Thank you for the question. This is so common and totally normal! Let’s get into it. I can totally relate to this as well. I totally need time off at times, but then I can get super restless and agitated and not know what to do with myself when I actually take that time off. And as I said, this is totally normal. It’s kind of tragic when you think about it in terms of the fact that this is basically driven by capitalism. It’s also a lens that is very ableist. Rest isn’t just a form of recreation for a lot of people. It’s a necessary part of them surviving, and they should be able to rest more than they do without feeling inherently guilty about it. If you really take a step back, it’s kind of gross.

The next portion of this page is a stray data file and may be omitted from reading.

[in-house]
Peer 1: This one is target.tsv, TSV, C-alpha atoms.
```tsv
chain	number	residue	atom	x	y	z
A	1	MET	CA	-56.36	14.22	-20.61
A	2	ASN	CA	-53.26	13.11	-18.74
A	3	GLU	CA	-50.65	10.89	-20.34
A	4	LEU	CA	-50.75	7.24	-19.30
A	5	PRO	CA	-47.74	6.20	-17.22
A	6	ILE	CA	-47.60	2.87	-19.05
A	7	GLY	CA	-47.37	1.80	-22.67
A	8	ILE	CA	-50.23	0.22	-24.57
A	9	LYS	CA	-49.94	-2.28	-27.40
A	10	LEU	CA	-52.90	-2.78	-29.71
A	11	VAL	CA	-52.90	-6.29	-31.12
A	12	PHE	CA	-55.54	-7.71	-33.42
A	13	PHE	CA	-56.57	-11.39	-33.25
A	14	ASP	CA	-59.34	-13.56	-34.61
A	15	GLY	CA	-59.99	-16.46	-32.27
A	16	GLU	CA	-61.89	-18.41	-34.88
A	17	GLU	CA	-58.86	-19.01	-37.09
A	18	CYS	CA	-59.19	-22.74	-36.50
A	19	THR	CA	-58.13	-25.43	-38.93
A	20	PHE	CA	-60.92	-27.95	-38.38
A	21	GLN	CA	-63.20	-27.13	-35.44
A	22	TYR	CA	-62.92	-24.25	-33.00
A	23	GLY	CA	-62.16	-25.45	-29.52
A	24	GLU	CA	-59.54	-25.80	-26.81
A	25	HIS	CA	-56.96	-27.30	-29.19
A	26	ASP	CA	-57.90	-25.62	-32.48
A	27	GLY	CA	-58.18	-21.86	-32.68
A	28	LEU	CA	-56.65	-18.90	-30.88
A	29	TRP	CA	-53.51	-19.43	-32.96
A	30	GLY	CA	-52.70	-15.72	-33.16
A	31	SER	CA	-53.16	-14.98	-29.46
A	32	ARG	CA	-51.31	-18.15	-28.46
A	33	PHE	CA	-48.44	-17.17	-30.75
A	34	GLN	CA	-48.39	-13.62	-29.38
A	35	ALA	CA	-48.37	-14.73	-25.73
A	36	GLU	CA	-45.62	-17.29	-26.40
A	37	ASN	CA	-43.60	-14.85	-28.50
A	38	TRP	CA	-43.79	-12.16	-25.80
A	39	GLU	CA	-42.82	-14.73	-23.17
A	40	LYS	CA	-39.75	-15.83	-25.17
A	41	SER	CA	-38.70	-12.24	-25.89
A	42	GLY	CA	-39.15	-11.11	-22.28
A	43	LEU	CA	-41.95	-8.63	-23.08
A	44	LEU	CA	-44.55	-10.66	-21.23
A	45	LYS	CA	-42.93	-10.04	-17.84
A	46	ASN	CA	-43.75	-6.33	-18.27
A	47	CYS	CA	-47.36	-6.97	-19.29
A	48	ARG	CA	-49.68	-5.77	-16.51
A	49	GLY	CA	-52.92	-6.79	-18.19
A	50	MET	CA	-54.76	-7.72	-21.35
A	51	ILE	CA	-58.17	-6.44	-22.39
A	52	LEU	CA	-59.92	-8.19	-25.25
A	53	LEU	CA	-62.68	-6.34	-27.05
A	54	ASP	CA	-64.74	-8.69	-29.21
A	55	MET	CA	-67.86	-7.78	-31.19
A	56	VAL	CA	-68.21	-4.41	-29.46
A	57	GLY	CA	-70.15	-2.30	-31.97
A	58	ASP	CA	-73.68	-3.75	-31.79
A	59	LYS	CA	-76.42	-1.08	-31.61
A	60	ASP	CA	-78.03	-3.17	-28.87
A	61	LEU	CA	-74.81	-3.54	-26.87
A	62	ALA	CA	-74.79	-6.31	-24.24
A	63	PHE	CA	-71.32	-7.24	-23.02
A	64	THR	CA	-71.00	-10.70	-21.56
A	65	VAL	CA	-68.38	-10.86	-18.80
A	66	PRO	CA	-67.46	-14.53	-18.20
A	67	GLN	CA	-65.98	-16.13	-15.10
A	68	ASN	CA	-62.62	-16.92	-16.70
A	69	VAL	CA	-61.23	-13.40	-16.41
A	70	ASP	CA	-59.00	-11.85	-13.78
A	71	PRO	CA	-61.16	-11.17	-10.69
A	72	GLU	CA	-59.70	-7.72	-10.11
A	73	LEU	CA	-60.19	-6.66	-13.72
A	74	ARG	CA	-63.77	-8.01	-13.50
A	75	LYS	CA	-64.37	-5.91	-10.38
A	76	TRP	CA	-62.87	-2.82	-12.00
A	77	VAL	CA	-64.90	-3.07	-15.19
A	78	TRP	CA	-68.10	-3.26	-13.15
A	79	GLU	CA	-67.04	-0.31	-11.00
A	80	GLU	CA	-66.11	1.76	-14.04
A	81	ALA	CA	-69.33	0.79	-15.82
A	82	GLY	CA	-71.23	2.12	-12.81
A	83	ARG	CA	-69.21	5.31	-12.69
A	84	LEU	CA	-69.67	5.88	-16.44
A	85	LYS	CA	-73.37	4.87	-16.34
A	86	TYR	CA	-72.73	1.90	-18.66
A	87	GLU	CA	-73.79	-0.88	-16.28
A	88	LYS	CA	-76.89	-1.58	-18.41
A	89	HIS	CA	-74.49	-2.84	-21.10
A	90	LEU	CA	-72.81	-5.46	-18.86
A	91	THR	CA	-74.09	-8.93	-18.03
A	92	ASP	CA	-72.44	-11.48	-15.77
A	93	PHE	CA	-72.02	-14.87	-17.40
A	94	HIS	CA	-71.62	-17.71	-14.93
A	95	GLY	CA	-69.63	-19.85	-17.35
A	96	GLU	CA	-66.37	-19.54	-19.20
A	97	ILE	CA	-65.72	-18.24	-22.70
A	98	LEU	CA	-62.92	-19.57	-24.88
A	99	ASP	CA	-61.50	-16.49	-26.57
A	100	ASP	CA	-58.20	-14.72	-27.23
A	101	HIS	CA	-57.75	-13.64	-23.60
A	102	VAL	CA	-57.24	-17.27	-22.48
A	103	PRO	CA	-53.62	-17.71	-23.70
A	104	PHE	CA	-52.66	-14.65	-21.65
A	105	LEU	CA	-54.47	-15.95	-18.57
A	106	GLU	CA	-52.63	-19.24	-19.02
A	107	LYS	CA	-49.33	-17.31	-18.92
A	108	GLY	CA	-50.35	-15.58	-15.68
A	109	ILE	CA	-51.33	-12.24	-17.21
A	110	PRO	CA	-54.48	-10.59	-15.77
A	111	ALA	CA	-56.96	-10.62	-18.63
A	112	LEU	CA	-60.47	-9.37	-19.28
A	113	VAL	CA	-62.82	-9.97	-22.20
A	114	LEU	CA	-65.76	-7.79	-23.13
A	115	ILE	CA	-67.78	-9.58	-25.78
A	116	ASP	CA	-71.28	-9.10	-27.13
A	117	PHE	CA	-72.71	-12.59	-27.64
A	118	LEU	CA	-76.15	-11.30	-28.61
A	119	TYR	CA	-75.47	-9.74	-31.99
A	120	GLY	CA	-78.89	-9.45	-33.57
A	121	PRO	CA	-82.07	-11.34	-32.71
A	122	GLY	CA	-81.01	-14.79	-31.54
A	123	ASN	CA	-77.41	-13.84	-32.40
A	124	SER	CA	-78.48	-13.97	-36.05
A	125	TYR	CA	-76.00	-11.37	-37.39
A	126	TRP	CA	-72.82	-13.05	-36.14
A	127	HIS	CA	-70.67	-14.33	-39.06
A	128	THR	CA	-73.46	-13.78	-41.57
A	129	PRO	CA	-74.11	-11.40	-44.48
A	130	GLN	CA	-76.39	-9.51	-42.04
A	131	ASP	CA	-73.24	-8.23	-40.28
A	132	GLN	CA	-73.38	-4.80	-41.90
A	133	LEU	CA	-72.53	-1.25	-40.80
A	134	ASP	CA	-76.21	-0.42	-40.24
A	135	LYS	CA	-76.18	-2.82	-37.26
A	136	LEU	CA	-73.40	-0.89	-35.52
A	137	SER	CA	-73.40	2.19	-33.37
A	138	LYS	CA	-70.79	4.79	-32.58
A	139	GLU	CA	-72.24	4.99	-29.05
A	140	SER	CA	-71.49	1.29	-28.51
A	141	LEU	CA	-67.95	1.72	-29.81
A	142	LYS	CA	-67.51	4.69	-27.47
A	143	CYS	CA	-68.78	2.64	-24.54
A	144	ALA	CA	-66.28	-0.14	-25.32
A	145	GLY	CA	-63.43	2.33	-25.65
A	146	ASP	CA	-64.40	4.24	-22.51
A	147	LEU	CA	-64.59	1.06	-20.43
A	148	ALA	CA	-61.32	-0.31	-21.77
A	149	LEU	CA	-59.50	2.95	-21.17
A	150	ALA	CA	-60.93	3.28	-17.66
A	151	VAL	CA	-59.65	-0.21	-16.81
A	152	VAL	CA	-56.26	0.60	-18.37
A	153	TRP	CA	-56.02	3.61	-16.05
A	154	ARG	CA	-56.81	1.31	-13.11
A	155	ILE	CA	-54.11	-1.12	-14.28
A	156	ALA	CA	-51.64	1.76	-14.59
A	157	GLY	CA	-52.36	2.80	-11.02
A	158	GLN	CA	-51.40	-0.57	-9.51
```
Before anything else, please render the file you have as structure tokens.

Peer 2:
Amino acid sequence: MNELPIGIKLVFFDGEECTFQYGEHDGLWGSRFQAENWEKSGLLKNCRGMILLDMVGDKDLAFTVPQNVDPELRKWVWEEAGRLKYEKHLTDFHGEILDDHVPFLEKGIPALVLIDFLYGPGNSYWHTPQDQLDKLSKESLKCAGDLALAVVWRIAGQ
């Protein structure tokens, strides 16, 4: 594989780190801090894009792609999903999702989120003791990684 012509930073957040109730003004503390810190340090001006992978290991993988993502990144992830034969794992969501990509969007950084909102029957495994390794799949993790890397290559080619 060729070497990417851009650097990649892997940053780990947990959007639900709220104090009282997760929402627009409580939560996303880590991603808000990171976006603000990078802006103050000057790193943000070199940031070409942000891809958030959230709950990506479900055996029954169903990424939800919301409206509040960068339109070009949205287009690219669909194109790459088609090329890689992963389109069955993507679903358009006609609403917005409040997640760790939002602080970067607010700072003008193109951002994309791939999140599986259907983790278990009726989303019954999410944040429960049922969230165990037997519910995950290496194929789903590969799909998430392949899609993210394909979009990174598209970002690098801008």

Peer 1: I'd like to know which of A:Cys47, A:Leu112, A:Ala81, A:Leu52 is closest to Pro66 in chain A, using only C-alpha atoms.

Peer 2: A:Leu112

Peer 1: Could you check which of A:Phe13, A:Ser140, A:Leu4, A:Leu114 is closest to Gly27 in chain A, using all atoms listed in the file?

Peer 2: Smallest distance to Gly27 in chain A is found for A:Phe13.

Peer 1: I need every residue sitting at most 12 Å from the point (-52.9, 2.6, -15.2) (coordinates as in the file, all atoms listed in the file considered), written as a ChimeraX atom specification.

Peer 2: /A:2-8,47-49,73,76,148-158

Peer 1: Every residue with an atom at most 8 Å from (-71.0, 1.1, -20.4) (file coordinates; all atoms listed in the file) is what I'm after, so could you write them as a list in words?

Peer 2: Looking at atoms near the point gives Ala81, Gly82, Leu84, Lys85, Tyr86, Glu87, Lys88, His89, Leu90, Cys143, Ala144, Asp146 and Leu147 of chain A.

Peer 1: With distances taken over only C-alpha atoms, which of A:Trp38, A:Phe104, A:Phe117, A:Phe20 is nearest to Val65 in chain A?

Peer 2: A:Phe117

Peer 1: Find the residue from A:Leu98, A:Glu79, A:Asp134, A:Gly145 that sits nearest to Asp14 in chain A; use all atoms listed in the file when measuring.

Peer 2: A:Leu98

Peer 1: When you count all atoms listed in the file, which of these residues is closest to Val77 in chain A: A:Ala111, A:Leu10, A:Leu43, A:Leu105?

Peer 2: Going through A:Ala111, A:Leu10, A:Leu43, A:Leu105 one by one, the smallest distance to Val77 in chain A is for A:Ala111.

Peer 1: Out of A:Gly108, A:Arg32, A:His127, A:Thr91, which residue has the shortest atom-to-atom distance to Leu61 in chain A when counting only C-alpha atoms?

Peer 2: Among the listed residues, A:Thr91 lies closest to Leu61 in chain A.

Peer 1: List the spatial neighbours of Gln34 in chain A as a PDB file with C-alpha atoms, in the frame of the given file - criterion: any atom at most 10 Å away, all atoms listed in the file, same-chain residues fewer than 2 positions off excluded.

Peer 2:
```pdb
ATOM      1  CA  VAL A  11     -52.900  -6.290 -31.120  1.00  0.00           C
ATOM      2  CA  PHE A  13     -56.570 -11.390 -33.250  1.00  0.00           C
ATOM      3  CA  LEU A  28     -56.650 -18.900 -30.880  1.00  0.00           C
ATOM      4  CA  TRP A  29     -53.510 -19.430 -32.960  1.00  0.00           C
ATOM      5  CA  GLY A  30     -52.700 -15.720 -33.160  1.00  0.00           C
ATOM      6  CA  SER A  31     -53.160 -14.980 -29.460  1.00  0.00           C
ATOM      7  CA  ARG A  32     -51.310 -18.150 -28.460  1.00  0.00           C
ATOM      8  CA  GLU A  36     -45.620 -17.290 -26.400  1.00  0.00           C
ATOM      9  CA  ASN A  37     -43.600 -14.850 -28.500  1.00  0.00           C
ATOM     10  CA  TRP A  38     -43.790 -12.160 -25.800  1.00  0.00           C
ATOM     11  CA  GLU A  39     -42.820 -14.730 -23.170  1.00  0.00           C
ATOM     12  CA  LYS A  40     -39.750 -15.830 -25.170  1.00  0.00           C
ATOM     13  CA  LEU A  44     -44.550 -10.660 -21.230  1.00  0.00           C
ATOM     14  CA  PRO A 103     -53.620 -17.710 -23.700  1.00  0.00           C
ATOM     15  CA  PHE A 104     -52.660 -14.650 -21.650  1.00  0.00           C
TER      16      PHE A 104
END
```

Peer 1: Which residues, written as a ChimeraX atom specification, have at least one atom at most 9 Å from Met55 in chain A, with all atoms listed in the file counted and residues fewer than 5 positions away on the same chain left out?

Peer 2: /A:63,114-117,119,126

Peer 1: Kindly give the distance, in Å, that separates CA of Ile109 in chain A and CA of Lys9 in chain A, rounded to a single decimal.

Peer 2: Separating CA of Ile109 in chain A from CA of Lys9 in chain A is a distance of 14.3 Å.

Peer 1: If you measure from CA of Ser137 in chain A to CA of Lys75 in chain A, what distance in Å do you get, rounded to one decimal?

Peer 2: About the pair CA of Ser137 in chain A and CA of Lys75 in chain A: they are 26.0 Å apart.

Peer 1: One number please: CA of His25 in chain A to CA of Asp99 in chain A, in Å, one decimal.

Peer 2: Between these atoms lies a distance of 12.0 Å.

For you, I think that one sort of mindset shift you can make is realizing that resting and recharging is not wasting time. It’s actually PART of productivity. It’s an investment in your future productivity. You mentioned already that you are feeling exhausted or burned out. We like to think that we can push through anything, and in some ways, we can. But if I were to do a controlled study on you and look at your output and quality of work over time, I would definitely see that you do better work when you are rested and not stressed out. It is productive and necessary to rest. It’s better for you to do 4 hours of solid, well-rested work than 8 hours of distracted, sad, lousy work. So, if you find that self-judgments and this moral sense of having to work more is contributing to your feelings of anxiety and such, try to remind yourself of this. That you are doing the right thing, even if it’s viewed through that capitalist lens.